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The Players

In a bold move to cut operating costs and adapt to an evolving work culture, Bell Canada Enterprises, the country’s largest communications company, commissioned the development of a new corporate headquarters in Montreal. Set on a 10-acre campus, the planned three-phase facility was developed to unite more than 4,000 employees from 16 area locations into an open, light-filled, collegiate environment. The company was equally committed to fast-track, sustainable development. Its facility management partner specified energy efficiency performance to exceed Canada’s Model National Energy Code for Buildings (MNECB) by 35 percent. Although LEED Canada accreditation was not originally considered, it was ultimately decided that the project would pursue the certification process.

The Solution

The second collaboration between Bell Canada and Automated Logic, the corporate campus features the latest in mechanical and building controller systems designed to reduce both energy and water consumption.

“Kolostat was part of the team from the outset; we were considered the only full-service mechanical contractor capable of committing to a fixed price based only on conceptual sketches and delivering a state-of-the-art mechanical system on time,” remarked Eric Hintermueller, Kolostat Senior Vice President (team members included owner-developer Canderel, general contractor Reliance Construction Group and facility manager Nexacor Realty Management). The timeline for the project was compressed, with the first three-building phase to be completed in 18 months and the second two-building phase to be completed six months thereafter.

“Automated Logic was not originally considered by Bell Canada’s consultants, but Bell was extremely impressed by the system’s features and ease of use,” added Chris Lawson, Kolostat’s General Manager of Construction Operations. Kolostat, which represents Automated Logic throughout most of Québec, proposed a unique Hybrid Hydronic Heat Pump (HHHP) system, a technology pioneered in Canada. The system extracts excess heat from the building’s internal heat sources (lighting, computers, exhaust and even its occupants) and transfers it via condenser water loop to the building’s perimeter without the use of compressors. Water temperature is maintained at 75°F to 104°F (24°C to 40°C), depending on outdoor conditions and indoor requirements.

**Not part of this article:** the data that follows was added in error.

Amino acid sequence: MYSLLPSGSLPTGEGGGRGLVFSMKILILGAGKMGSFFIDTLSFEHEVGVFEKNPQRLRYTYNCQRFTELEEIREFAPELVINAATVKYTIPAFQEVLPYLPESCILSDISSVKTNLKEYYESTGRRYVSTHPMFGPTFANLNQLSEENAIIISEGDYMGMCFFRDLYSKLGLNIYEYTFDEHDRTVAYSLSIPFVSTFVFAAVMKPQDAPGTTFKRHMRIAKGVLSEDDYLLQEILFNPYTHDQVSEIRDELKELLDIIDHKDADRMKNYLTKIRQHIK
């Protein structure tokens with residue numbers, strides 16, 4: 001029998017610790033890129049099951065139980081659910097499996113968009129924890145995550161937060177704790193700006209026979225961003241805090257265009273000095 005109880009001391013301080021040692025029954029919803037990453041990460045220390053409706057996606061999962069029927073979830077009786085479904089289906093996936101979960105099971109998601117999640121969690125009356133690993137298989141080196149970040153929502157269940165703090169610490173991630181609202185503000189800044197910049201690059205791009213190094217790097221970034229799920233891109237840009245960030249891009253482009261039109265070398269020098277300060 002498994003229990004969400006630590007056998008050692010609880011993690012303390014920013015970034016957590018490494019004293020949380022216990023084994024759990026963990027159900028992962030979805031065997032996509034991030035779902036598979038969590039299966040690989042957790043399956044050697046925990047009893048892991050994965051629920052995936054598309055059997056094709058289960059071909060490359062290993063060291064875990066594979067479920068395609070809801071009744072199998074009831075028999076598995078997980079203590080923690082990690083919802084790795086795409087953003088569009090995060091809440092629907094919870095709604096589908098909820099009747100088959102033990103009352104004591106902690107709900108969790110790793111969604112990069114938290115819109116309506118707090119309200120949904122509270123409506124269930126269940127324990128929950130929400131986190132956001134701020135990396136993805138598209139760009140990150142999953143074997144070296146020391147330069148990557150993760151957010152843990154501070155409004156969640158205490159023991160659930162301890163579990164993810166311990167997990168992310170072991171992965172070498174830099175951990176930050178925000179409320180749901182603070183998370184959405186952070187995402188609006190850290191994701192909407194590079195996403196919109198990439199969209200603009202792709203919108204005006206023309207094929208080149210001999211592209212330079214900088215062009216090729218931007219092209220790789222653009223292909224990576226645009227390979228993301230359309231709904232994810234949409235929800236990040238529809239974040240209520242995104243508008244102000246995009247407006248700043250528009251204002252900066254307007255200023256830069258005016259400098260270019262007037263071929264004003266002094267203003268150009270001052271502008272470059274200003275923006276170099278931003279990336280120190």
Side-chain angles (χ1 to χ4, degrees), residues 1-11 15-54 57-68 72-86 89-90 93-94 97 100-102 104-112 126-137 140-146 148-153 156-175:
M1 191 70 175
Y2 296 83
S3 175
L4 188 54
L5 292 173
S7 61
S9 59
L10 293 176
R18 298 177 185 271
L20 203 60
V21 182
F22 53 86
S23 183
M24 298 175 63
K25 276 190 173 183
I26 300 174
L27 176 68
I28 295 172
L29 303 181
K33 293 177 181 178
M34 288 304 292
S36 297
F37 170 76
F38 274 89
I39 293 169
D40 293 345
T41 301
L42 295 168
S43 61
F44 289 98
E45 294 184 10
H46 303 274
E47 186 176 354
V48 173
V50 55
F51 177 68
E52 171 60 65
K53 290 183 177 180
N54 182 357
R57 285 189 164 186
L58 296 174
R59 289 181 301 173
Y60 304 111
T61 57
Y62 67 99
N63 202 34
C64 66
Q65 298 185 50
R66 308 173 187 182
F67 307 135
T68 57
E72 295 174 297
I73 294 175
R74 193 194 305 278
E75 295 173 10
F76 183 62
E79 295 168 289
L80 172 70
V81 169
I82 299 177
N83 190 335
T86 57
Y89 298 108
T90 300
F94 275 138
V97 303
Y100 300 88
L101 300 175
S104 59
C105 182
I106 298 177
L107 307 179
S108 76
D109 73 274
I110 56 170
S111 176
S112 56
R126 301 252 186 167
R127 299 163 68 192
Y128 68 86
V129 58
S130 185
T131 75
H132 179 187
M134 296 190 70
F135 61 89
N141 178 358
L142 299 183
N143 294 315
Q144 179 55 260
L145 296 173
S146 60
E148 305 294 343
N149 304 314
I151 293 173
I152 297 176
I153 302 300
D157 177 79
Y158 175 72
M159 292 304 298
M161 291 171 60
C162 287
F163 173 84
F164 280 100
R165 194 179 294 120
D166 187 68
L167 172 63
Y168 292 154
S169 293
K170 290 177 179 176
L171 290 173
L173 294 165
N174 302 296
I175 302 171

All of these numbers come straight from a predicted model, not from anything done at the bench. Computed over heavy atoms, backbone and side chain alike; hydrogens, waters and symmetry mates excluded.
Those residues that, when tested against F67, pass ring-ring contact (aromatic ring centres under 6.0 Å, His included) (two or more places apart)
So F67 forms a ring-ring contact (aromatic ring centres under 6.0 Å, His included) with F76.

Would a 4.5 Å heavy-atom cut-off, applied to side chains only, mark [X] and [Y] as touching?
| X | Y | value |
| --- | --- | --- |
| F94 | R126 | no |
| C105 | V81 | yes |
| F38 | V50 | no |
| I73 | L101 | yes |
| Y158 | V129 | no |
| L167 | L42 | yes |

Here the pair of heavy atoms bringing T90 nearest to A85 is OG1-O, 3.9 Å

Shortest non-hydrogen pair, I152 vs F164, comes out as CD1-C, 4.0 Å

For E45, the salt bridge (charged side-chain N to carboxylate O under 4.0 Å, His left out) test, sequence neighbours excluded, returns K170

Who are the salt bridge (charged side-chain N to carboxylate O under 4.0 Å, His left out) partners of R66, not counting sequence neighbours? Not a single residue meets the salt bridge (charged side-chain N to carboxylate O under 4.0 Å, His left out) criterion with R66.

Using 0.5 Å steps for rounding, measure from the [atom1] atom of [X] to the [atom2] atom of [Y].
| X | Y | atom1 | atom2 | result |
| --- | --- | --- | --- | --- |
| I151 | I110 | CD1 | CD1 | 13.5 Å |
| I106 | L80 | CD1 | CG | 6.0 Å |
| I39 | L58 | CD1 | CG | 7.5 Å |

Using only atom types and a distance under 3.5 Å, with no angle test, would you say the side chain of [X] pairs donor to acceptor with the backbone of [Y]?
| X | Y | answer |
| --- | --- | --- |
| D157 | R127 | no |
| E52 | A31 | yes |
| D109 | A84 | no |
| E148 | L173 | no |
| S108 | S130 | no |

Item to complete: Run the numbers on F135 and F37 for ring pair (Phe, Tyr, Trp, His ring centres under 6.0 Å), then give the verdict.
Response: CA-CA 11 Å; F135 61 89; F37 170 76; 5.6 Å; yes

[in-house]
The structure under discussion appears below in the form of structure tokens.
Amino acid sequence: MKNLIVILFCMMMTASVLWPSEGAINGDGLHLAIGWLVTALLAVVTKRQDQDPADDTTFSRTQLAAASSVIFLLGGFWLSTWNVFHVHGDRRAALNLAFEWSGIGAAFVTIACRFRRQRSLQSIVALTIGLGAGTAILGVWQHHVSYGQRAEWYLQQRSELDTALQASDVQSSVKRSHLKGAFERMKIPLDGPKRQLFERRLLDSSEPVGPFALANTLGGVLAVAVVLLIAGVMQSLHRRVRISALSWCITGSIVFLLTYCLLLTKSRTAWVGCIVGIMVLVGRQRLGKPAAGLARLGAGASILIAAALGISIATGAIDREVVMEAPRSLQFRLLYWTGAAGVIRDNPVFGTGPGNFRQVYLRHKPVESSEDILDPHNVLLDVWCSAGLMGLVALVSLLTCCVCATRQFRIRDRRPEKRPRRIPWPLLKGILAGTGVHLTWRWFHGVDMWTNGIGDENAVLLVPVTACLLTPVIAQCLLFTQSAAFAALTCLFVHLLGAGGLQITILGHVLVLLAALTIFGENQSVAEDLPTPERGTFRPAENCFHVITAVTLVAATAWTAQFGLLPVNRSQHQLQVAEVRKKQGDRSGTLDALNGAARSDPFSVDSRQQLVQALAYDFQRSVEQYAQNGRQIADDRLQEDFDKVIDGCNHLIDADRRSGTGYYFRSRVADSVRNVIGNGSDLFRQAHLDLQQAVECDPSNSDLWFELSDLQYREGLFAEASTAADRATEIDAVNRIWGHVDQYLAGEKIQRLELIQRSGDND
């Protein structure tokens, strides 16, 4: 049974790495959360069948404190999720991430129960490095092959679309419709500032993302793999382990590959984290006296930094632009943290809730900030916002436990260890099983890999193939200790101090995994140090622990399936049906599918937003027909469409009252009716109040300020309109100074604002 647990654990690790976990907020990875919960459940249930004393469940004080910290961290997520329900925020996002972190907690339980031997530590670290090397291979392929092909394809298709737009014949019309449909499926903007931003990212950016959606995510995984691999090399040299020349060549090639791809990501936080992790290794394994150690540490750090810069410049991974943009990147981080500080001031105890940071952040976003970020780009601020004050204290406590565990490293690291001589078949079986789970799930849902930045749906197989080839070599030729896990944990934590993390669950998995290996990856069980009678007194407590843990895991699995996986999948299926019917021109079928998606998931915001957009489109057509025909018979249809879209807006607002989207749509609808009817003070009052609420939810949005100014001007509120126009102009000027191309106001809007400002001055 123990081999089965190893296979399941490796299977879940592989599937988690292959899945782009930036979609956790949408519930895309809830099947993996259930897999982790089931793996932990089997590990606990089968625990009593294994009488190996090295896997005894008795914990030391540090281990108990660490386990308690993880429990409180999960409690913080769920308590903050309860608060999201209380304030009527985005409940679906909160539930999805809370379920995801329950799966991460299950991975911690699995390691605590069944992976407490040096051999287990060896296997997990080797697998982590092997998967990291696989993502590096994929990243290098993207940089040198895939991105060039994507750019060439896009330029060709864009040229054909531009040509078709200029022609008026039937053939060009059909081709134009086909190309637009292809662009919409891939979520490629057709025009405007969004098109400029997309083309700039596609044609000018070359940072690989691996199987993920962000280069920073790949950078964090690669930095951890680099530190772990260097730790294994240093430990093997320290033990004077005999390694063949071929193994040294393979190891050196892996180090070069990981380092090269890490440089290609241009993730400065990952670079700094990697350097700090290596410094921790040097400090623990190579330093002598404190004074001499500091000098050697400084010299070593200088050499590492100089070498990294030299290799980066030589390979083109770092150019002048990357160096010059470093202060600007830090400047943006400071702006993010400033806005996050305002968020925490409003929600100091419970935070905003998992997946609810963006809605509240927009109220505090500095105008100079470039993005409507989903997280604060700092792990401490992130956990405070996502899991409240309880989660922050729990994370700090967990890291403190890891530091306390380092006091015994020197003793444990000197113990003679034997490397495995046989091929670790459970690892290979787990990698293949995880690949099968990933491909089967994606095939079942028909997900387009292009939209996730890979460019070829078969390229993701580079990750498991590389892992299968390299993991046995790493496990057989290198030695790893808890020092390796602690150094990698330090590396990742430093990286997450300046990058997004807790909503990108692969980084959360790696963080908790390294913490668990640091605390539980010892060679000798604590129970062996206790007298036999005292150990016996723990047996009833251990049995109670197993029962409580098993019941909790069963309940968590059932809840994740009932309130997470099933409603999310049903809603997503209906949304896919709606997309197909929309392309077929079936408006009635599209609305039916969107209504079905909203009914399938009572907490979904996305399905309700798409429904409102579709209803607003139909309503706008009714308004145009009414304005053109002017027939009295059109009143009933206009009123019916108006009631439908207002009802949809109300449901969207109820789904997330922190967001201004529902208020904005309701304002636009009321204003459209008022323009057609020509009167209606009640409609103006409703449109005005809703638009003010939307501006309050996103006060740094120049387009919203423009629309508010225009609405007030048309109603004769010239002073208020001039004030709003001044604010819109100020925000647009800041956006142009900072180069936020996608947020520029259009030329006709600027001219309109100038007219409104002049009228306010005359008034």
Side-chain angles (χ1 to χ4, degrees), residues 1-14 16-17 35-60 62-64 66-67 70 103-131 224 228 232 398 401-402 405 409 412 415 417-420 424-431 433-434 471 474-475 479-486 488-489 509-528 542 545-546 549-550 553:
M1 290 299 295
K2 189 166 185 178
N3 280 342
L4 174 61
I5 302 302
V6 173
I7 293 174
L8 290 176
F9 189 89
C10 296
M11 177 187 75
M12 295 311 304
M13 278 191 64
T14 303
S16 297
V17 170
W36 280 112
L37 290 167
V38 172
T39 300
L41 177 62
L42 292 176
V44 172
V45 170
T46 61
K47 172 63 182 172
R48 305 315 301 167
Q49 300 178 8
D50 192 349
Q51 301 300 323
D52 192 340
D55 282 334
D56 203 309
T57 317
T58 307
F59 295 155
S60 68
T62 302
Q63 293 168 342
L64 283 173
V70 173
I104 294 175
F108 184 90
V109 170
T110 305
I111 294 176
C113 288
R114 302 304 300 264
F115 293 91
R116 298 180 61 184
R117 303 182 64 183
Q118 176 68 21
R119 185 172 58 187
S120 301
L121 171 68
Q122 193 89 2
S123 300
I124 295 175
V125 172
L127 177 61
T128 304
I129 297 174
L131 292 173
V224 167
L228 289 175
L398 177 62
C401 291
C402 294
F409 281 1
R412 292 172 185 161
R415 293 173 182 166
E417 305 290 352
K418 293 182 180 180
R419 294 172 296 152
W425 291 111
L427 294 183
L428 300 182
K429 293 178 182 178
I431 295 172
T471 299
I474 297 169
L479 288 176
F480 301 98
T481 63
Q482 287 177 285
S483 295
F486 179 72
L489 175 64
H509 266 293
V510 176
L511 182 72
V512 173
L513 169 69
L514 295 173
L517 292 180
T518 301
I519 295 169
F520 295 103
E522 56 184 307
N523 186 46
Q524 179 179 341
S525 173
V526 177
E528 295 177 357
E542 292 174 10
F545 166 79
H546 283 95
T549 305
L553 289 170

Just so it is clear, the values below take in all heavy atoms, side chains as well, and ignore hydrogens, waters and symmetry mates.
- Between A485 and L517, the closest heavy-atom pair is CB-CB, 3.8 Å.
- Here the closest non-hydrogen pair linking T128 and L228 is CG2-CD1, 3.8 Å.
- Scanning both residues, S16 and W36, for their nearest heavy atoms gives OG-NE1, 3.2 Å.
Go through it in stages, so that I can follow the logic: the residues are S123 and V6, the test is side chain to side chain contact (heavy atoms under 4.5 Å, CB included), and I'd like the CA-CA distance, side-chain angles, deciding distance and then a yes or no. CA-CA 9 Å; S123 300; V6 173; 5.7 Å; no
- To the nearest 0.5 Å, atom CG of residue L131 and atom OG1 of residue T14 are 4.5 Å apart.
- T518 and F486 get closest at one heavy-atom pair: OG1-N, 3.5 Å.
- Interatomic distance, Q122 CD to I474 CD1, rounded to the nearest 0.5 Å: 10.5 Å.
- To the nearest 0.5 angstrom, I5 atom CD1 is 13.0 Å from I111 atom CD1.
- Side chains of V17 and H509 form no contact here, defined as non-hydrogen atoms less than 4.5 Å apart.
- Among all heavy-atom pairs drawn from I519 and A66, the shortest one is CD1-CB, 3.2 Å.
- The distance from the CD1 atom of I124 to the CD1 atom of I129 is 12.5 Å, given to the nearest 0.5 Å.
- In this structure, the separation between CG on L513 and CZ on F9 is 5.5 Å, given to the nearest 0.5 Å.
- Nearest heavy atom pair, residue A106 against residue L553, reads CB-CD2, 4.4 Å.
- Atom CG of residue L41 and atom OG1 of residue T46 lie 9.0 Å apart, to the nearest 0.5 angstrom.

Lawson said that among the many benefits, “the supplementary perimeter baseboard heating system, already downsized, is used only during extreme outside temperature drops.” He added that the system is working so efficiently that “the boilers don’t come online until the outdoor temperatures drop to 10°F (-12°C).”

Additional energy-saving strategies include demand control ventilation, allowing for fresh air distribution based on occupancy and CO2 levels in individual zones, as well as occupancy sensors in conference rooms and other strategic spaces. Kolostat even designed an Energy Recovery Ventilator in conjunction with the system manufacturer to prevent cross-contamination of fresh air and exhaust air.

“Since the buildings were commissioned, we’ve continuously monitored system operations and fine-tuned sequences to maximize occupant comfort and energy savings,” said Daniel Robert, Kolostat Vice President for Sales and Engineering. Following the development’s inaugural year, Bell Canada committed to increase the building efficiency further by investing in additional energy savings initiatives.

Reflecting on the project, Robert concluded that “when it came to the control system, it was the superior strength of Automated Logic’s WebCTRL® system, and its ease of use, that secured its acceptance over Bell Canada’s traditional providers.”

Client: Bell Canada Corporate Campus
Location: Montreal, Quebec
Controls Contractor: Kolostat Inc.
Project Type: New Construction (2008 - 2009)
Building Size: Five buildings, (840,000 square feet plus an underground parking garage totalling approx. 1.6 million square feet.
Objectives: Consolidate workforce; implement mechanical and control systems designed to reduce energy and water consumption; attain LEED® certification
Design Considerations: Integration with HHHP and other diverse third-party systems; accommodation to high window-to-wall ratio
Major Decision Drivers: Support of energy-saving strategies; building controller system capabilities and ease of use
Installation Date: 2008 – 2009
The Challenge: Design, install and commission mechanical and control systems consistent with a LEED® certifiable project
Attain energy efficiency performance exceeding national standard for buildings by 35 percent
Maintain comfortable work environment in buildings with a 77 percent window-to-wall ratio and winter temperatures dropping to -20°F (-29°C)
Provide operators with an easy-to-learn, easy-to-use building controller system.
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